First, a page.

In normal years, most people are advised to get their flu shot by the end of October. This is no normal year. With a pandemic about to collide with flu season, several experts advise getting the influenza vaccine ASAP.
Flu season normally starts in October, peaking during winter. The shot takes a couple weeks to become effective, as your body build the antibodies that help ward off an infection. The protective effect tends to wane after three or four months, especially in older people.
“There is no change in CDC’s recommendation on timing of vaccination this flu season,” the U.S. Centers for Disease Control and Prevention states. “September and October are good times to get vaccinated.”
But several experts advise getting the shot now, or as soon as you can.
“I would recommend taking flu shot slightly earlier than usual [in September] particularly if you are younger, because we don’t all want to rush for a vaccine at the same time during pandemic and we want to ensure we reduce flu activity right away in our communities,” says Nahid Bhadelia, MD, an infectious diseases physician at the Boston University School of Medicine.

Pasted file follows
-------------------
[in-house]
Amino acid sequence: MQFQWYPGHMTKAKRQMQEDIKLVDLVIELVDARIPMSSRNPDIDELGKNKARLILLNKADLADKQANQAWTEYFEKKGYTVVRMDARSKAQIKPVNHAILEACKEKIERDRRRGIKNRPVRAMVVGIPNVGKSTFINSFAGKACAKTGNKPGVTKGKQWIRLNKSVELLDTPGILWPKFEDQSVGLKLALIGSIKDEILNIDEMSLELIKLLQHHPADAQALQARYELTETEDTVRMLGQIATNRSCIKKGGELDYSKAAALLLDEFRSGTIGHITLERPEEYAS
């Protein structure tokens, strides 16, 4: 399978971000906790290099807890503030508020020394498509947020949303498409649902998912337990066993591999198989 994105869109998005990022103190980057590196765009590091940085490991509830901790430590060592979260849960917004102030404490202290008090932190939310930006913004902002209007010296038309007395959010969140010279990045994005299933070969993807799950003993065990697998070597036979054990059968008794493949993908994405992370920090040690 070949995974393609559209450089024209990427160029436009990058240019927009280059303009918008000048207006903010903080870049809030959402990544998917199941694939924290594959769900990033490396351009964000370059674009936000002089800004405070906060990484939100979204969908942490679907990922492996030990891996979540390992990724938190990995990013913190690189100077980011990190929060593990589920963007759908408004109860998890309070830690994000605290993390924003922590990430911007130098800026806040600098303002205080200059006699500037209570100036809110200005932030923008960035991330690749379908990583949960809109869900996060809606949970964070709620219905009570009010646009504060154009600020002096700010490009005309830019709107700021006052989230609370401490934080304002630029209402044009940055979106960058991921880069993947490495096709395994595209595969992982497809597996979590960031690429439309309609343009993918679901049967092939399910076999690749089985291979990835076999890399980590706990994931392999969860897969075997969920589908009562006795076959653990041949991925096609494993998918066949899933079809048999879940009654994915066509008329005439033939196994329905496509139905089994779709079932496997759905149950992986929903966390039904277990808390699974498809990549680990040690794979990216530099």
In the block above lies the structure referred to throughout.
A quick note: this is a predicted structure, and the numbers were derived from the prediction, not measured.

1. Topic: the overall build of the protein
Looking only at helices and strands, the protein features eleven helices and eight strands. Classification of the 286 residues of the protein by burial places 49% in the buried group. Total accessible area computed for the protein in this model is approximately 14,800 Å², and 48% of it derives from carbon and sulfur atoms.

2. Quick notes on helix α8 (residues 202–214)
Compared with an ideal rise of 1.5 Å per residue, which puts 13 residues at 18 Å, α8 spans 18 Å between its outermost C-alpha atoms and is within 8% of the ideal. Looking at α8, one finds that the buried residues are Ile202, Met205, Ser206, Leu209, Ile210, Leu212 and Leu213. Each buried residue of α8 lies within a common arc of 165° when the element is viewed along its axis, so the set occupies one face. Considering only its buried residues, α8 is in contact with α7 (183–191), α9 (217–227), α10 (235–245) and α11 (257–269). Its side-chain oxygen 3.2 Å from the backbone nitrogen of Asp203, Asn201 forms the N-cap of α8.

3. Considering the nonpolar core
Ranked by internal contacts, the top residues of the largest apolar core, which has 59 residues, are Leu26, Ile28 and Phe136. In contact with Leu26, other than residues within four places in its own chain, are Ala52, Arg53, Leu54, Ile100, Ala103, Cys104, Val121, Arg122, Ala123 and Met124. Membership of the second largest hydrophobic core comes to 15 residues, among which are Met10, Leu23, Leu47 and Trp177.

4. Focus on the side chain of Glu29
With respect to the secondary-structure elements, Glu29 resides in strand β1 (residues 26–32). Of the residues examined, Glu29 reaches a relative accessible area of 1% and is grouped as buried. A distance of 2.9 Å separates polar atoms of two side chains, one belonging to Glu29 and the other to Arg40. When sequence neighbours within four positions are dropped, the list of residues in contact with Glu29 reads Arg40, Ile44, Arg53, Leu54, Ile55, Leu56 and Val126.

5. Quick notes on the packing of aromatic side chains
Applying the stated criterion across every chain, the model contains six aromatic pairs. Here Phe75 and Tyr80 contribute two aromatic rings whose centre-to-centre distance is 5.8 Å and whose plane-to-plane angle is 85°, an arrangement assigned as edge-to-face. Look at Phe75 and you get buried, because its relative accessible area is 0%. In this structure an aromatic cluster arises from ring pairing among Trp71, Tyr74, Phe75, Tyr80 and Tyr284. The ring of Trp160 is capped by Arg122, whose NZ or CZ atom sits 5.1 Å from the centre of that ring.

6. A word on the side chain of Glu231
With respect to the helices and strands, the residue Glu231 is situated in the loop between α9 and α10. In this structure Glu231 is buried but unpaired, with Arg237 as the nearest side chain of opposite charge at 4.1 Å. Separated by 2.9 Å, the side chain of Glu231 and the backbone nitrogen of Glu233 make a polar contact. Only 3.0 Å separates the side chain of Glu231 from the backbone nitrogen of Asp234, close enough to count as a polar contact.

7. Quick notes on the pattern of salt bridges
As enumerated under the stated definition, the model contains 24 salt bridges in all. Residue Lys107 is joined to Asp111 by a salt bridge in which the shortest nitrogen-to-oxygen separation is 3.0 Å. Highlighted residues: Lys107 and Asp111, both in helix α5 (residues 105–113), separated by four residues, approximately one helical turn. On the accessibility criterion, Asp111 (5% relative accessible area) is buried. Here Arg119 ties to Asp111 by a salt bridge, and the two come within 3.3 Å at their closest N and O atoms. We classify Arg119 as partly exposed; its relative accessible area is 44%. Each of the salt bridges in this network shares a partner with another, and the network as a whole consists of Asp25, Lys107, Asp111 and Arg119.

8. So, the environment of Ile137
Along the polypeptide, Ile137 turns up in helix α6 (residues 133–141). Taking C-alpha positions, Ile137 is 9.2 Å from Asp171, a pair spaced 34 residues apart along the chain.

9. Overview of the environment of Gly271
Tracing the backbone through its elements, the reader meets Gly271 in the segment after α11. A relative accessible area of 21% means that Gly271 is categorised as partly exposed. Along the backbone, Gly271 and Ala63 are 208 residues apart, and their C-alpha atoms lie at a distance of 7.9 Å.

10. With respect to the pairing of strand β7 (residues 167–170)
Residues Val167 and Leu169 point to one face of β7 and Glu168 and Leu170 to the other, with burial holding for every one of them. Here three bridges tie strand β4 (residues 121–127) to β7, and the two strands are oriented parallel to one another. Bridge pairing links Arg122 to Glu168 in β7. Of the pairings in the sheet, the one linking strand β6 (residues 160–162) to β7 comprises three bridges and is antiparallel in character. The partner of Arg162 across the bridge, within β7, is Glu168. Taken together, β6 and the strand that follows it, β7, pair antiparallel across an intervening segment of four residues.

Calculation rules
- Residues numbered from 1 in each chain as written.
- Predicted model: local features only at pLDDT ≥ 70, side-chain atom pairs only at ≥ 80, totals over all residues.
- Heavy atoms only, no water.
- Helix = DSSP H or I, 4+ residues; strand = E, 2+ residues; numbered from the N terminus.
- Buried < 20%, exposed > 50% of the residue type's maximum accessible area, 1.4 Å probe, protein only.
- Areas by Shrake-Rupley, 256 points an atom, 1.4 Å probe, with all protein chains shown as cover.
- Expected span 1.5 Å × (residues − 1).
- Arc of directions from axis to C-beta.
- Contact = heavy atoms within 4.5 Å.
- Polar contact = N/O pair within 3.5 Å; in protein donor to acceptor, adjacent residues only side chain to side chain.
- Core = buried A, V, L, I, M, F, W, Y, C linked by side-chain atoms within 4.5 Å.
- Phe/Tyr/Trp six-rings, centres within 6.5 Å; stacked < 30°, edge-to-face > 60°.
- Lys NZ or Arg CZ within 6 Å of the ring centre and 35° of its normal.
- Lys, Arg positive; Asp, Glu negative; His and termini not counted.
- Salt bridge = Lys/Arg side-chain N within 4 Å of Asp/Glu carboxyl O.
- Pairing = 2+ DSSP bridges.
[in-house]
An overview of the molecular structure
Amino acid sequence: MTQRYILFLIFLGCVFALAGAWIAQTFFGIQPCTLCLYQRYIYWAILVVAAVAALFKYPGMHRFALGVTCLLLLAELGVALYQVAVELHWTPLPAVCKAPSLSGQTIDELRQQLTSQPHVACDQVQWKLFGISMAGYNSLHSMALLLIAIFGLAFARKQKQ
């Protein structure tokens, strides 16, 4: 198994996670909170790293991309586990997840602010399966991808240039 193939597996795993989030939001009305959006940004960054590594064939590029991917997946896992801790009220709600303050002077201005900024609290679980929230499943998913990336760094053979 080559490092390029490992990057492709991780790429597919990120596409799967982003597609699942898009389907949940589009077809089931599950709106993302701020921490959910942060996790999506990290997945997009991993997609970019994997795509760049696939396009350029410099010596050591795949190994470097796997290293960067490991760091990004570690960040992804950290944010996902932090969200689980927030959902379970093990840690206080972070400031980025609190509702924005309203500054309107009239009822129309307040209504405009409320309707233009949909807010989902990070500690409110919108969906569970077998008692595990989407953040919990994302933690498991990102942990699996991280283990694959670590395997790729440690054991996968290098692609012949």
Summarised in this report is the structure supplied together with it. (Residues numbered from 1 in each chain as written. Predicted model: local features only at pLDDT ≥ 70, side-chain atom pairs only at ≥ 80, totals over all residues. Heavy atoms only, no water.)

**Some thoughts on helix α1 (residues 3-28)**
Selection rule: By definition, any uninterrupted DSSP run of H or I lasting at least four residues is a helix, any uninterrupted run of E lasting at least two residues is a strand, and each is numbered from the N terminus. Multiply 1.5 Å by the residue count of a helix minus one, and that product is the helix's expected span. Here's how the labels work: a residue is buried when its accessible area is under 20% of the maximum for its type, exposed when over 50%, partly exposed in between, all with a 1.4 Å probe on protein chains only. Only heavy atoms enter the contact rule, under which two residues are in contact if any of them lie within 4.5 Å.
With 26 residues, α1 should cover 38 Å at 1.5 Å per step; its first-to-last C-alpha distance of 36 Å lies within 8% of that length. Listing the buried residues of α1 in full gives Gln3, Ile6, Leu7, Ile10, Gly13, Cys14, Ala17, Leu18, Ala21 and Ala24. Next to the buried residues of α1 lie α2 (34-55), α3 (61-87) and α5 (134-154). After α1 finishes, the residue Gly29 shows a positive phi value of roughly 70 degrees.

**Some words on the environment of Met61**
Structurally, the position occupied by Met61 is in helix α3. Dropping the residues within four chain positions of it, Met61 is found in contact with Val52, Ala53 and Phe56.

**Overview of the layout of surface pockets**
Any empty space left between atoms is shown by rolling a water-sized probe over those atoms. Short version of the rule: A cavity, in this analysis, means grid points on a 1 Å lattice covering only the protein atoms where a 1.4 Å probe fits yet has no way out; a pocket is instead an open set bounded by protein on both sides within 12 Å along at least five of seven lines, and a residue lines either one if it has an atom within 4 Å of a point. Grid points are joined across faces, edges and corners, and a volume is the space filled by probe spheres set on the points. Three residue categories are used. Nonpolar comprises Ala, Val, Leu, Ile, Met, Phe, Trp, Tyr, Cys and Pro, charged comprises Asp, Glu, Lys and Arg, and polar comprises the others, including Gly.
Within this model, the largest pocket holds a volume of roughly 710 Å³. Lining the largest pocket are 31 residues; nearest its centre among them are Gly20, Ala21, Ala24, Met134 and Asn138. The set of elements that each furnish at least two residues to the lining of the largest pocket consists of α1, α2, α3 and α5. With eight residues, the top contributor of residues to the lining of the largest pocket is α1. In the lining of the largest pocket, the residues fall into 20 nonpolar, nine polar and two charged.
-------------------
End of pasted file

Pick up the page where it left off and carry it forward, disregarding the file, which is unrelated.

Bhadelia’s comments were part of a long Twitter discussion among clinical doctors and epidemiologists, the people who study infectious-disease transmission. Eleanor Murray, ScD, assistant professor of epidemiology at Boston University’s School of Public Health, started the discussion. She summarized it this way: “Epidemiologists and clinicians agree, get your flu vaccine as soon as you can this year.”
Because a person could catch the flu and Covid-19, one after the other or simultaneously, potentially worsening the outcome of either, other scientists have said this year’s flu could be the most important one you ever get.
For locations, see the CDC’s Vaccine Finder.